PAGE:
In such an economy, workers have been able to negotiate higher wages and labor costs have risen along with the costs of other inputs, said Josh Bivens, research director at the Institute of Policy. left-wing economy.

Since the late 1980s, however, the link between labor costs and other costs has been broken.

“It’s not that workers wouldn’t like to be able to secure higher wages in response to rising price pressures, but rather a number of developments – most driven by intentional policy decisions – have undermined the bargaining power of workers in the labor market for decades,” Bivens wrote last month.

“The relationship between wages and inflation is almost impossible to find,” added Jonathan Millar, analyst at Barclays. “The link tends to be much weaker than a layman might think. It turns out that even during this pandemic it’s not true that prices have actually kept pace with wages.”

Normally, the absence of a wage-inflation relationship has benefited consumers. Widespread wage increases, such as increases in the minimum wage, have not translated into higher prices. MacDonald of California State University, who co-authored a 2016 study on minimum wage increases, found that a 10% wage increase would result in only a 0.4% increase in consumer prices.

“We’re talking about the cost of a $5 cheeseburger going down to $5.04 — that’s very, very low,” he said.

The problem is that cheeseburgers, like gasoline, happen to be a category where minor price increases matter to shoppers.

“Certain goods and services are very visible to consumers, and they notice when those prices go up. The price of things at McDonalds or Chipotle – people tend to internalize that pretty quickly,” Barclays’ Millar said.

So what really drives prices up?

If wages aren’t the main reason for soaring prices, why are consumers paying more for everything from food to rent? One key factor that companies tend not to publicize: increased corporate profits.

Over the past year, despite the extreme economic upheaval of the pandemic, after-tax corporate profits have reached record highs as a percentage of economic output, according to the US Department of Commerce.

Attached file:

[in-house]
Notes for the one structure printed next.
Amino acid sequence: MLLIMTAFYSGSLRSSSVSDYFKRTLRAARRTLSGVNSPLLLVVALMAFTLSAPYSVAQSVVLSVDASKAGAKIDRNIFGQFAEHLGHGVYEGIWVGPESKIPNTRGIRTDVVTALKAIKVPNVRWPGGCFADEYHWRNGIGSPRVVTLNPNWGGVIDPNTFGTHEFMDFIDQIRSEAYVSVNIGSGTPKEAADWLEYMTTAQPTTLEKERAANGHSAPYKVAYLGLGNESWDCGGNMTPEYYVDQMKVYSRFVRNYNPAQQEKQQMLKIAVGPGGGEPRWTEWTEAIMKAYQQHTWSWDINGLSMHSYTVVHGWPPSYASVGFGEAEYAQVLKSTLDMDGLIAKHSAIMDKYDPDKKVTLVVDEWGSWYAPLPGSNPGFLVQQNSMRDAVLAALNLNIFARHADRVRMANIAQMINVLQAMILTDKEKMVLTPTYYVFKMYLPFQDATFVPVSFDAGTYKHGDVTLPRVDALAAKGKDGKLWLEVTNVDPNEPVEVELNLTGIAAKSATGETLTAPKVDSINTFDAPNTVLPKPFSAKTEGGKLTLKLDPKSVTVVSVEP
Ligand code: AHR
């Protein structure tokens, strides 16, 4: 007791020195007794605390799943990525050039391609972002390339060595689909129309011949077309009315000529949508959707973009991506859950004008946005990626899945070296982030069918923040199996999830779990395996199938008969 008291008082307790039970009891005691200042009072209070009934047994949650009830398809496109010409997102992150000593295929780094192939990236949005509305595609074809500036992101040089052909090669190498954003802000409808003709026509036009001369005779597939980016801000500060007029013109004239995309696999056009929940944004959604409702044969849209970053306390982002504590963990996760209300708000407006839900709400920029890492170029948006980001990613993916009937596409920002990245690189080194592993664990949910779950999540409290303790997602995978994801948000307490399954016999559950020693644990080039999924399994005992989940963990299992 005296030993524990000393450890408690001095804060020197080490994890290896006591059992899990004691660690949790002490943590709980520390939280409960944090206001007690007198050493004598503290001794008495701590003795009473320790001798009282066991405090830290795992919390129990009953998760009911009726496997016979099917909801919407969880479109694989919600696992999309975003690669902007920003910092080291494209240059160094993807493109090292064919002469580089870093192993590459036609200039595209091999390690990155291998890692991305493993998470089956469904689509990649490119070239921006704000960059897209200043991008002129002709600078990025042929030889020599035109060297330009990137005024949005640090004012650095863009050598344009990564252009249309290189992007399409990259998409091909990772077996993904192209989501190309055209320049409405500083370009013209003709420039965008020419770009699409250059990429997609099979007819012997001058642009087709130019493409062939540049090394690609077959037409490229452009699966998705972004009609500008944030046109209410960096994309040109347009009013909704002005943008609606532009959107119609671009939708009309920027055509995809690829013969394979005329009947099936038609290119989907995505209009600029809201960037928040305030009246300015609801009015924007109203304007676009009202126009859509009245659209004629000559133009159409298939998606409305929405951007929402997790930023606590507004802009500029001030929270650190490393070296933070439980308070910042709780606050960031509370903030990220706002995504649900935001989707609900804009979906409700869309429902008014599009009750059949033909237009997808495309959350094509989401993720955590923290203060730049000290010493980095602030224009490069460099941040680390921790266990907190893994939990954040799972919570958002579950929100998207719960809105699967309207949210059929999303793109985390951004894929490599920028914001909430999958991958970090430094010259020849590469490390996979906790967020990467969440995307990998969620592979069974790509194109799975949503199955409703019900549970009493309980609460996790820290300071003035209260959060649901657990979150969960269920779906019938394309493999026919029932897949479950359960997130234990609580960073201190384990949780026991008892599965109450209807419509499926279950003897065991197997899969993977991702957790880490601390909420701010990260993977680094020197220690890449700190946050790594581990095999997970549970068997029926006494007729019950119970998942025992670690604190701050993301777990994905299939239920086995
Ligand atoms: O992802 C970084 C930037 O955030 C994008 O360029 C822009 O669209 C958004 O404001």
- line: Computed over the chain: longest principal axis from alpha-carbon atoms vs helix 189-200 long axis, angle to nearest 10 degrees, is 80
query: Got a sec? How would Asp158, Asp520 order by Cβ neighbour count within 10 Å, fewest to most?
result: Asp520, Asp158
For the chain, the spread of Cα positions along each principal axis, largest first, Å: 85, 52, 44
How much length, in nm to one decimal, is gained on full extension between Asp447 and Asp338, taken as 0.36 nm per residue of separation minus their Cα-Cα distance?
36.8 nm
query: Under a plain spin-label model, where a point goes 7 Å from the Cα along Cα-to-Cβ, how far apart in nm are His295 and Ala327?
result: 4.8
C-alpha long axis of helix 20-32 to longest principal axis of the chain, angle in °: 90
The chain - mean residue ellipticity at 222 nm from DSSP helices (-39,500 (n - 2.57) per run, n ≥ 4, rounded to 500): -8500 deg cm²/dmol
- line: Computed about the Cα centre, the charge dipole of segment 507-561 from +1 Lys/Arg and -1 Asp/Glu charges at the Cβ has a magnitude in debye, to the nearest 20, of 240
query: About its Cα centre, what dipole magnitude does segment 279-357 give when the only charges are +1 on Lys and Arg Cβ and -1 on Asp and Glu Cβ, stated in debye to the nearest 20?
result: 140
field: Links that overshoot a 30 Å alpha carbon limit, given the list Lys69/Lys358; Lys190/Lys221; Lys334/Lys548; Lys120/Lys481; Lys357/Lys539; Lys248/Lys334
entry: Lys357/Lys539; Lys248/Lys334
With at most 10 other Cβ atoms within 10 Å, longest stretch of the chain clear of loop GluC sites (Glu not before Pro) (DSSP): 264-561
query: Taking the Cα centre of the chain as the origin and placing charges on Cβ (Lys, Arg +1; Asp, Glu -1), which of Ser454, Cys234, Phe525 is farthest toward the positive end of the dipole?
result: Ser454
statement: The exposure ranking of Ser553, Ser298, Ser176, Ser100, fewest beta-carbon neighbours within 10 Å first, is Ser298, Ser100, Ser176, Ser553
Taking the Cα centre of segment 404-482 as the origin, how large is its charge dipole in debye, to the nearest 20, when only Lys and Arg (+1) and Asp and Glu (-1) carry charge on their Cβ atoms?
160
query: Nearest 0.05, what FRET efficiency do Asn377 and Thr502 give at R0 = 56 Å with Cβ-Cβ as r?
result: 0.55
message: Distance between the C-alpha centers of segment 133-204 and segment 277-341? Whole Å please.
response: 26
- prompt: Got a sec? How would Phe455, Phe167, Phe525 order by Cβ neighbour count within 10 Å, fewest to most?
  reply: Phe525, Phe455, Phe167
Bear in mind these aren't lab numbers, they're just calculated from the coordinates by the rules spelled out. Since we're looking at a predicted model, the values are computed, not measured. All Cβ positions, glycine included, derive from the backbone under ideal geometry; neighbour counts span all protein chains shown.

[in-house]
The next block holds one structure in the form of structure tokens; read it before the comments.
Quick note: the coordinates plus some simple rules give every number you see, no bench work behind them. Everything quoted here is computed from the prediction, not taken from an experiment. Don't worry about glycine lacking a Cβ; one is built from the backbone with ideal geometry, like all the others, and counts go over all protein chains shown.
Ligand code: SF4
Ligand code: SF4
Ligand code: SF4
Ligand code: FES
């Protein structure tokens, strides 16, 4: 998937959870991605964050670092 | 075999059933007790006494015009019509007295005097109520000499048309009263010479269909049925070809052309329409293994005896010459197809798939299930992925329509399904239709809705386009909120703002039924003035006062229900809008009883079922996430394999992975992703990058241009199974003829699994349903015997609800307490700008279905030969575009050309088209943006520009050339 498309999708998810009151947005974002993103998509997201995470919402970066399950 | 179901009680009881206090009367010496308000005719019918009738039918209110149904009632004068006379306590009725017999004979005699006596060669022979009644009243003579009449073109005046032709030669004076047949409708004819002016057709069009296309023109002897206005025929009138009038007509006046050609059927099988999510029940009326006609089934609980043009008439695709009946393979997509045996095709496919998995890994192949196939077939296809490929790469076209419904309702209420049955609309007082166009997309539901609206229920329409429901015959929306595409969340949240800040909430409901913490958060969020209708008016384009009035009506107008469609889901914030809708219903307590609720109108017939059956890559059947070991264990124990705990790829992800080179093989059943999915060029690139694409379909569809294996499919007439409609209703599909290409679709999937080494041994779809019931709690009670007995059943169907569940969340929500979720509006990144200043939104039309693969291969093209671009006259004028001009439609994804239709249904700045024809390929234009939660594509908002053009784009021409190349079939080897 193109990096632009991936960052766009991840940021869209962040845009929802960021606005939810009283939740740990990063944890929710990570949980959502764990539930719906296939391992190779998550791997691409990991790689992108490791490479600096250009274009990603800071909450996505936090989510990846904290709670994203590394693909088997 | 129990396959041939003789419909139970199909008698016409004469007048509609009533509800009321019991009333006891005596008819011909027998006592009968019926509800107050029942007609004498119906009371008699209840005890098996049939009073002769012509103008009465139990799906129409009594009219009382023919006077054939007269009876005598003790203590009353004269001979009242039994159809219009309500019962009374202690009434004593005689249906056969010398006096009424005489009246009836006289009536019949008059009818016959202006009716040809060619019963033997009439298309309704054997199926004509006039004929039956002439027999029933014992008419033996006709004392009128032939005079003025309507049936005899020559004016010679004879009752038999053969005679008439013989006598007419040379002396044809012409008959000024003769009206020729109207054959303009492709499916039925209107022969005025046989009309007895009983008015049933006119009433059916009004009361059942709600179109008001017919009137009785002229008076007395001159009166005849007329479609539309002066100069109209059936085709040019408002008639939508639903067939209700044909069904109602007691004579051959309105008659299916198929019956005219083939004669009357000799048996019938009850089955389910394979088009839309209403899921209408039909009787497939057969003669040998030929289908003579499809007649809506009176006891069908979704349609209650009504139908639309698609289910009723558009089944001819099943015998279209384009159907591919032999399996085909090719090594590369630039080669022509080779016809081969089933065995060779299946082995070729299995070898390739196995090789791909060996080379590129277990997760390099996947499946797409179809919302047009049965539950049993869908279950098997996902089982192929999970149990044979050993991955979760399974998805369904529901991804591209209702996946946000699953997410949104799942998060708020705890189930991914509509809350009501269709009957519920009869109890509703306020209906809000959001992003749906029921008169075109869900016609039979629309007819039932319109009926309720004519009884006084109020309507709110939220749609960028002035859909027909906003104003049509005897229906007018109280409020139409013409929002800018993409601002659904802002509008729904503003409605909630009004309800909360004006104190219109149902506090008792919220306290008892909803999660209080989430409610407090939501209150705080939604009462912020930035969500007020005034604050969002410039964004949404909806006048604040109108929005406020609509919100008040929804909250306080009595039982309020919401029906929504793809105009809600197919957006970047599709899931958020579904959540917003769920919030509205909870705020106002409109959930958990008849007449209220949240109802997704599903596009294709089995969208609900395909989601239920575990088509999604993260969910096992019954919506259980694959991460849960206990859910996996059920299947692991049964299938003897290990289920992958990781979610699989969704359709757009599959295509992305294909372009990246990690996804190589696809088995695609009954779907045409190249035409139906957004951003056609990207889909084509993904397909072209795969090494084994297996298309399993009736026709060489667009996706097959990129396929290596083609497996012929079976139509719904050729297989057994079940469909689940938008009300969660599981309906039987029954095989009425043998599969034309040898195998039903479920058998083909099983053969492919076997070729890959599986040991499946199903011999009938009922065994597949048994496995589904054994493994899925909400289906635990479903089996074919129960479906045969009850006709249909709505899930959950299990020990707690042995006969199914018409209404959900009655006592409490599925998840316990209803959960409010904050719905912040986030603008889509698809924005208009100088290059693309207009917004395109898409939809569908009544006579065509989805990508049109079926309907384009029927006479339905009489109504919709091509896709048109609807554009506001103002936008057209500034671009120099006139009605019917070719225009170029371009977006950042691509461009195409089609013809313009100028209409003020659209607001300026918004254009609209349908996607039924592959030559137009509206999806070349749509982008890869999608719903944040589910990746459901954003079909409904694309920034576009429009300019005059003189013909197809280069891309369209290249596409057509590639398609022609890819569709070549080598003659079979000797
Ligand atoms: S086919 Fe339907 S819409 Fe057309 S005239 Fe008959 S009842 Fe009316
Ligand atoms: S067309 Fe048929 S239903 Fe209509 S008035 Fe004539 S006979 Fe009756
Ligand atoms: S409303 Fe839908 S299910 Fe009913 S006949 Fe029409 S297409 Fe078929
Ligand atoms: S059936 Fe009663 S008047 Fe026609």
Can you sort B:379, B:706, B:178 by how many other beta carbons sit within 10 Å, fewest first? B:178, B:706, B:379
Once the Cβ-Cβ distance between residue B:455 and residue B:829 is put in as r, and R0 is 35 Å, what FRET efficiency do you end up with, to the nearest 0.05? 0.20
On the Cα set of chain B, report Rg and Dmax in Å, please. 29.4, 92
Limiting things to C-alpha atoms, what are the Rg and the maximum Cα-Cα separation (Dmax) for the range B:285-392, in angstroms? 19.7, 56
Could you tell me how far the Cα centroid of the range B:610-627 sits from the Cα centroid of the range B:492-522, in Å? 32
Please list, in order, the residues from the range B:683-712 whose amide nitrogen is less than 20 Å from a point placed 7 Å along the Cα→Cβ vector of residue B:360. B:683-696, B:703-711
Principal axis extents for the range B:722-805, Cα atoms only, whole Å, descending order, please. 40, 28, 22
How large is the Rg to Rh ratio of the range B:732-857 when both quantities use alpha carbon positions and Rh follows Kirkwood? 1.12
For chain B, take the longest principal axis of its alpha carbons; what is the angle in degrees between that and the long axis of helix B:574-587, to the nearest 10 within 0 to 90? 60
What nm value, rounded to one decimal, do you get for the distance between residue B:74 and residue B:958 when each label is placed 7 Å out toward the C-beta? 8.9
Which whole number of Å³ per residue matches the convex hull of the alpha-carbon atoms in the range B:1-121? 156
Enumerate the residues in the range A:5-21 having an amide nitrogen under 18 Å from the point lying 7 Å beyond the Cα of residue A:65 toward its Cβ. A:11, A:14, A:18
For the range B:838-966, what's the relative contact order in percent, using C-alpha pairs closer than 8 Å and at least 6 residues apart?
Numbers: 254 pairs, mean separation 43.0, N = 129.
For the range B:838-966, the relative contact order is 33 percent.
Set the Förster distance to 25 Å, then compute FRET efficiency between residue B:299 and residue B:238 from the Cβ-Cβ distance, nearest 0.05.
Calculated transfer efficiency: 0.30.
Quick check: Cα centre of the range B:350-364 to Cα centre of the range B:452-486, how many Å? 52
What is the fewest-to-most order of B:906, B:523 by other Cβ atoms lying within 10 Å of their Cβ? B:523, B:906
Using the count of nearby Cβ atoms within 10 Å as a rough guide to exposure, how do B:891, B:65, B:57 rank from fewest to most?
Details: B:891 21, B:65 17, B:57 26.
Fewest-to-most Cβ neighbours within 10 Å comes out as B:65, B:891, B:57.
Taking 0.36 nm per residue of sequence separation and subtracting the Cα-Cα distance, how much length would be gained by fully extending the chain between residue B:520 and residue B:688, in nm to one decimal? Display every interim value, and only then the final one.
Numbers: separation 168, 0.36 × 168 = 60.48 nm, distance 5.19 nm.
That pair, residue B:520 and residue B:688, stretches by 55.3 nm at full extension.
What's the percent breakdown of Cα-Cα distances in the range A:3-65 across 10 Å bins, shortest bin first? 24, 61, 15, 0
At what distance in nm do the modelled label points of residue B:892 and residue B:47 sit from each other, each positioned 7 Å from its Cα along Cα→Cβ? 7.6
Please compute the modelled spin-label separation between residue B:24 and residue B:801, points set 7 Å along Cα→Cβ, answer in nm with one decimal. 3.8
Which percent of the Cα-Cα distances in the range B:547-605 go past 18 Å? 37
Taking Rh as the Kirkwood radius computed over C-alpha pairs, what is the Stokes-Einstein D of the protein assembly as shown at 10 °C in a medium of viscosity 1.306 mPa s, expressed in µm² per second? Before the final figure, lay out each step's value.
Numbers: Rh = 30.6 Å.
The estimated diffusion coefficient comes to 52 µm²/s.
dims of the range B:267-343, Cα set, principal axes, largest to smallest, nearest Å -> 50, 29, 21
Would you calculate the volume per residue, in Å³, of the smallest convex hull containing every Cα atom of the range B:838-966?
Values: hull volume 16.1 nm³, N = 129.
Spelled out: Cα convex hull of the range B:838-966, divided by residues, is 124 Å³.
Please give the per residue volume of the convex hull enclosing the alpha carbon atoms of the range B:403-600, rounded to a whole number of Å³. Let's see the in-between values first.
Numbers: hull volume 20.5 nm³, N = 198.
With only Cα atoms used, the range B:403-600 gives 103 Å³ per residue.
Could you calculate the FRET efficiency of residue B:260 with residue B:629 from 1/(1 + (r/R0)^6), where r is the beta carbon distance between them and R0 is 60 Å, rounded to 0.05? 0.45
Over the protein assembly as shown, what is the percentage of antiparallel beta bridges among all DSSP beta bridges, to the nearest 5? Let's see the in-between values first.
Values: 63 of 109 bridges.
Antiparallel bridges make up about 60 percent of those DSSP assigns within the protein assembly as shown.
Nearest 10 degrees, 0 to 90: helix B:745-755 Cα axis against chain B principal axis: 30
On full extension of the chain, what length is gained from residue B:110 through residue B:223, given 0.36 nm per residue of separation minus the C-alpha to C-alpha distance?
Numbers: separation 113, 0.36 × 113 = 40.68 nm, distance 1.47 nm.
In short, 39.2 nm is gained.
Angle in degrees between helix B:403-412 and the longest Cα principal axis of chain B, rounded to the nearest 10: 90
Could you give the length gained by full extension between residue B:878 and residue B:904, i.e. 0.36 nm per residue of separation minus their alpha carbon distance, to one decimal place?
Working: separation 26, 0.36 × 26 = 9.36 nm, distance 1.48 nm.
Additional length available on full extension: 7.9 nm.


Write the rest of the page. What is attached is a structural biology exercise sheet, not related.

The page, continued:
“Higher prices mean someone gets more income. Over the past year, it has been employers in sectors where supply has been reduced – shipping companies, oil producers and food wholesalers, for example – who get the extra revenue from higher prices,” Bivens wrote.

Some business leaders have been outspoken about their intention to pass on higher prices from the corporate supply chain to consumers. For example, consumer goods giants Colgate-Palmolive, Procter & Gamble and Unilever were able to raise prices without losing sales. Almost two-thirds of publicly traded companies are reporting higher profit margins than before the pandemic, according to the Wall Street Journal.

Meanwhile, surveys of and the Conference Plank shows that companies are planning wage increases of 3% to 3.9% over the coming year, barely half the current rate of inflation.

“Many companies we spoke to saw their overall payroll barely move,” Pollak of ZipRecruiter said. Due to the pandemic retirements, “they have lost their most experienced and highest paid people and replaced them with a younger cohort.”

And even when companies raise wages dramatically, they can still win if they get more work value from that person. “The increase in productivity that we are seeing with more home working means that [labor] unit costs can remain fairly stable,” Pollak said.

So, for now at least, a higher salary is not likely to reduce these higher benefits.